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Climate Change: By Two Major Naval Wars


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Fig. G1-1 was still available at NASA/Giss (July 2012), but it seems a correction has been made as shown in RED. E.g. as claimed by „ICECAP“


Correction shown by animation; see: Steve Goddard, May 10, 2012




G. Global Cooling from 1940-1970

 G1.  An Atlantic matter?

a.  A settled issue?

With the first World War II winter 1939/40 a long cooling period commenced. It was the only one since the end of the Little Ice Age. Was WWII a vast geophysical experiment, which man undertook unintentionally? Was naval warfare a leading force in this experiment? The Atlantic served as battle ground for more than 5 years, the Pacific in the west of Hawaii for almost 4 years. The sea was churned and turned about by huge armadas, and billions of explosive charges that penetrated the sea surface. As a matter of fact the temperature statistics commenced to drop accordingly.  

The overall meteorological situation at the onset of WWII has been outlined in detail in the previous chapters. Seven decades ago the global climate changed. A strong warming trend from 1919 to 1939 came to an end with three extreme cold winters in Europe . They marked the beginning of a three decade global cooling. NASA climatologist James Hansen observed that the cooling lasted from 1940 to 1970 (Herring, 2007). What had been the cause? Did naval war contribute to and cause three extreme cold winters in Europe in the first place, simultaneously in the North Atlantic and subsequently globally? Which part in the downward trend of air temperatures can be allocated to naval warfare in the Atlantic and Pacific? Such questions have never been asked. Instead James Hansen said:

“I think the cooling that Earth experienced through the middle of the twentieth century was due in part to natural variability, but there’s another factor made by humans which probably contributed, and could even be the dominant cause: aerosols.”  (Herrings, 2007)

James Hansen’s view has been the text book explanation and leading opinion since long. A major piece of conventional climate wisdom widely attributed the cooling to air pollution, which reached record levels in the industrialized world after World War II. For many years it looked as if science considered the matter as settled. Is that going to change in the future? At least, the temperature trend images for European countries, as shown in A2 and Fig. G1-(8-11), correlate the cooling to Atlantic rather than to inland regions.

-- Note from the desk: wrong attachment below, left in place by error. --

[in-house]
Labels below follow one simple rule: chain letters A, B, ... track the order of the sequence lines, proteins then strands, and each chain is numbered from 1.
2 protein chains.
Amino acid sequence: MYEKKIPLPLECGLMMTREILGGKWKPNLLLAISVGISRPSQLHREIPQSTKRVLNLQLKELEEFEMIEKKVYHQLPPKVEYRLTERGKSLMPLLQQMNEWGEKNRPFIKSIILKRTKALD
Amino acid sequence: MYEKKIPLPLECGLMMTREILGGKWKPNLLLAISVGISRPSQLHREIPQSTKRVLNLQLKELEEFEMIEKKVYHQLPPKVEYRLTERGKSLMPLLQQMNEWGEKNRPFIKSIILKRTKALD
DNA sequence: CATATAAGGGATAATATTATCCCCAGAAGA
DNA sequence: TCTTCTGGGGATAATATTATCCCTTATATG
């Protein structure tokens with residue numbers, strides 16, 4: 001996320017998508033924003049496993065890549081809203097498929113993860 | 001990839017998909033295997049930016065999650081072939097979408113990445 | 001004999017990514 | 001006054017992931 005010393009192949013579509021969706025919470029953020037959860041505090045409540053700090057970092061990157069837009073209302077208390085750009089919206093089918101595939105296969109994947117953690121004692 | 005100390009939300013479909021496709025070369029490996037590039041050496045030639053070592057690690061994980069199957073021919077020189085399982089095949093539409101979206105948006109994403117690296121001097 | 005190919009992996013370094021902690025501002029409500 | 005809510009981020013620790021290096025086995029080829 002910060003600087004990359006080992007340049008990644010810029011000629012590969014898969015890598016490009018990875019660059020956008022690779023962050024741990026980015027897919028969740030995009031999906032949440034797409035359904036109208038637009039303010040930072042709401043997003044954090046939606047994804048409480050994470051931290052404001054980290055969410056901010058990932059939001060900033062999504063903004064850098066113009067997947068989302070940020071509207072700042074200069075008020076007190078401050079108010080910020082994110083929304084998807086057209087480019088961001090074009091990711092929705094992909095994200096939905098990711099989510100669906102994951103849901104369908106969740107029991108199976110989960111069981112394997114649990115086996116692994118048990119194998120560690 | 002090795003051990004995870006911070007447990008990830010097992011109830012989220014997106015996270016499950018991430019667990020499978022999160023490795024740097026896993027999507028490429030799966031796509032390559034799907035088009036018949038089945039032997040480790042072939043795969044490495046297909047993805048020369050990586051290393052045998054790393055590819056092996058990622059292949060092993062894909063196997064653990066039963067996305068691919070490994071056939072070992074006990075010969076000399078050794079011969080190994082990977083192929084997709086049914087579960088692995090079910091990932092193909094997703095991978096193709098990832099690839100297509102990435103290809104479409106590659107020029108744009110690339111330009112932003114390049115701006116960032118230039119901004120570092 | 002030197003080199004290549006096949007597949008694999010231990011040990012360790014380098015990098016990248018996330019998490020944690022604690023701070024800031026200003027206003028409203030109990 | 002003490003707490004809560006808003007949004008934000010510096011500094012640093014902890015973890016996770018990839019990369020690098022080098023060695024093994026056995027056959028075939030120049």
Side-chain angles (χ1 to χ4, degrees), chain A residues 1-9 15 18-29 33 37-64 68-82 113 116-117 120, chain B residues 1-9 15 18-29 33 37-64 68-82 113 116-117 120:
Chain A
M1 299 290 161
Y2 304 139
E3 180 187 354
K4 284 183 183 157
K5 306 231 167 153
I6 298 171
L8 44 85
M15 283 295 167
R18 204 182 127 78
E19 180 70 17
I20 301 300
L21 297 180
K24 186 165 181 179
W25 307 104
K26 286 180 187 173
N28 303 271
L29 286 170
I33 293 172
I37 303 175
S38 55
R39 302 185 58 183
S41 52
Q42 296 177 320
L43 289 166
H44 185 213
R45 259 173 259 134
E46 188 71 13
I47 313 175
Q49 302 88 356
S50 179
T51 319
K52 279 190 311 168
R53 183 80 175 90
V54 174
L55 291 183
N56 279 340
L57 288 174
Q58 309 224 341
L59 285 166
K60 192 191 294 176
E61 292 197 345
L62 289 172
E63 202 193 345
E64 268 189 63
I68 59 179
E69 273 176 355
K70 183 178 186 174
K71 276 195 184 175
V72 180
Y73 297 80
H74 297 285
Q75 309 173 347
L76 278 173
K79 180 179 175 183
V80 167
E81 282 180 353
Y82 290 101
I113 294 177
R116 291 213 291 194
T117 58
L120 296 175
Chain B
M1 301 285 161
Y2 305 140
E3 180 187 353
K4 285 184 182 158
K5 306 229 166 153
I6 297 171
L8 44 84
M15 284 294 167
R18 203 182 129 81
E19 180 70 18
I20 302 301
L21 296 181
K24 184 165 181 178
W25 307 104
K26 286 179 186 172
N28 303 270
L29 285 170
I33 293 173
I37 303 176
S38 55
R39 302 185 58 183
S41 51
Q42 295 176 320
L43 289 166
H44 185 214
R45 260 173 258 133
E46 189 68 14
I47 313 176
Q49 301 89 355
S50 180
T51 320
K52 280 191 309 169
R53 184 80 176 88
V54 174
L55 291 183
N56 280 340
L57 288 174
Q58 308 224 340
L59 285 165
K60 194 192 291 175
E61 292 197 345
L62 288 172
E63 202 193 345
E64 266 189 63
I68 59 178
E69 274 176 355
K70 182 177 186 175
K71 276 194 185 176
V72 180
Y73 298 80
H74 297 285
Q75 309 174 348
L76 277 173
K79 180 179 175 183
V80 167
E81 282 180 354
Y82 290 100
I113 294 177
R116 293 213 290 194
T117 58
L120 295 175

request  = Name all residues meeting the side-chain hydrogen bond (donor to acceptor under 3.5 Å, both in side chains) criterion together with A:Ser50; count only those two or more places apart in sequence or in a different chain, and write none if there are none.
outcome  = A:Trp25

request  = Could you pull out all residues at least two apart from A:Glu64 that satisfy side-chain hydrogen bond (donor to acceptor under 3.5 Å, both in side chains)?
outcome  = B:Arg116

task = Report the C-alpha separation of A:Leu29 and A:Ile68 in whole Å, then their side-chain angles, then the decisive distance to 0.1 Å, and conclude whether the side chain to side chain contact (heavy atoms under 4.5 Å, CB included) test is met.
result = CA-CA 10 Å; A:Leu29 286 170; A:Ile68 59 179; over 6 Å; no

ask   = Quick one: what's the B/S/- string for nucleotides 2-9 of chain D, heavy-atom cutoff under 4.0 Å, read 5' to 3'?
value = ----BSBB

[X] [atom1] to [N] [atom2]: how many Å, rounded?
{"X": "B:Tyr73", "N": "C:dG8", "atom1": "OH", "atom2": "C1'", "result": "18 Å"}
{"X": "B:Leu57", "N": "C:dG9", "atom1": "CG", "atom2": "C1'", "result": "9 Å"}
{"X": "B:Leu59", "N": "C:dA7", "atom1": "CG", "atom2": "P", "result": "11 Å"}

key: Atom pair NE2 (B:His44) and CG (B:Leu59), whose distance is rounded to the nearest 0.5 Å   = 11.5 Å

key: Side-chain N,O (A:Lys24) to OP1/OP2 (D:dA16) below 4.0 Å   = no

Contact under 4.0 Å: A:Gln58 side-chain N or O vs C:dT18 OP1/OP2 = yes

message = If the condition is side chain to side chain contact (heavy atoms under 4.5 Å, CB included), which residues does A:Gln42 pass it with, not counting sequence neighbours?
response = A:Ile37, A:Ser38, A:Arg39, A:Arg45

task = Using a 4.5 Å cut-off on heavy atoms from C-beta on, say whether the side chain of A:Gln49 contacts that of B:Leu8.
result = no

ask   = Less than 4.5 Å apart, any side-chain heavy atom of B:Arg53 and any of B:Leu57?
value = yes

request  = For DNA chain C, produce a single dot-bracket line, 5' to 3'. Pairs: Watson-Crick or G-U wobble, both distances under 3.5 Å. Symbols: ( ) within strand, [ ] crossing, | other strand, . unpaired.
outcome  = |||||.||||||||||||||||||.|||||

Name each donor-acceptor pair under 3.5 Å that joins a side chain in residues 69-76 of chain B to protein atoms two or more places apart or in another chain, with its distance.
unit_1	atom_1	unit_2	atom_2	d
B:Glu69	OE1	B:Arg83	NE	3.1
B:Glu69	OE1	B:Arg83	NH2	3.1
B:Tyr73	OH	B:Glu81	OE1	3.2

Figure G1-1; Reykjavik/Iceland, Annual Mean TC


The role of the North Atlantic in the cooling period only recently received attention. D. Thomson et al. (2010) started a “Letter to Nature” with the sentence:

“The twentieth-century trend in global-mean surface temperature was not monotonic: temperatures rose from the start of the century to the 1940s, fell slightly during the middle part of the century, and rose rapidly from the mid-1970s onwards.”

In the same issue of Nature, Quirin Schiermeier (2010) addressed the findings in a comment as follows:

(Title): When the North Atlantic caught a chill. Surface cooling could have pushed down temperatures in the Northern Hemisphere 40 years ago.

(1st sentence): Three-tenths of a degree may seem a small dip — but, for climate researchers, the discovery that a large patch of the ocean cooled by 0.3 C within a few years around 1970 is a small sensation.                  Source: http://www.nature.com/news/2010/100922/full/467381a.html

 The alleged correlation to the ocean seems to come as a surprise. Schiermeier welcomed the debate:

__The ocean cooling, which may have resulted from a shift in currents, also offers a reminder of the North Atlantic's outsize role in climate”, and that

___Thompson and his colleagues think a circulation change in the North Atlantic is a more likely culprit. But Michael Mann, a climate researcher at Pennsylvania State University in University Park , isn't so sure. He thinks that aerosols probably contributed to the global chill, and that the ocean cooling was probably the steep end of a natural climate oscillation spanning several decades. ‘I'm unconvinced they've shown that the model of an isolated brief event is a better fit to the data.’

The Atlantic is a big force in weather and climate matters. Fighting a major war in this environment is a serious issue. The naval war in the Atlantic, coined by Winston Churchill as the “ Battle of the Atlantic covers a campaign that began on the first day of WWII and lasted for six years, involved

The pronounced shift in SST as soon as WWII

had started on 1st September 1939

Fig: G1-2 & G1-3; North Atlantic sea water temperature


thousands of ships and stretched over thousands of square miles of ocean in more than 100 convoy battles and perhaps 1,000 single-ship encounters. It was the longest continuous military campaign of WWII, which the Allies won but at great cost: 3,500 merchant ships and 175 warships were sunk for the loss of 783 German U-boats. The situation swung back and forth over the six years as new weapons, tactics and counter-measures were developed by both sides. The Allies gradually gained the upper hand, driving the German surface raiders from the ocean by the end of 1942 and decisively defeating the U-boats by mid-1943. Winston Churchill noted that:

“The Battle of the Atlantic was the dominating factor all through the war. Never for one moment could we forget that everything happening elsewhere, on land, at sea or in the air depended ultimately on its outcome.”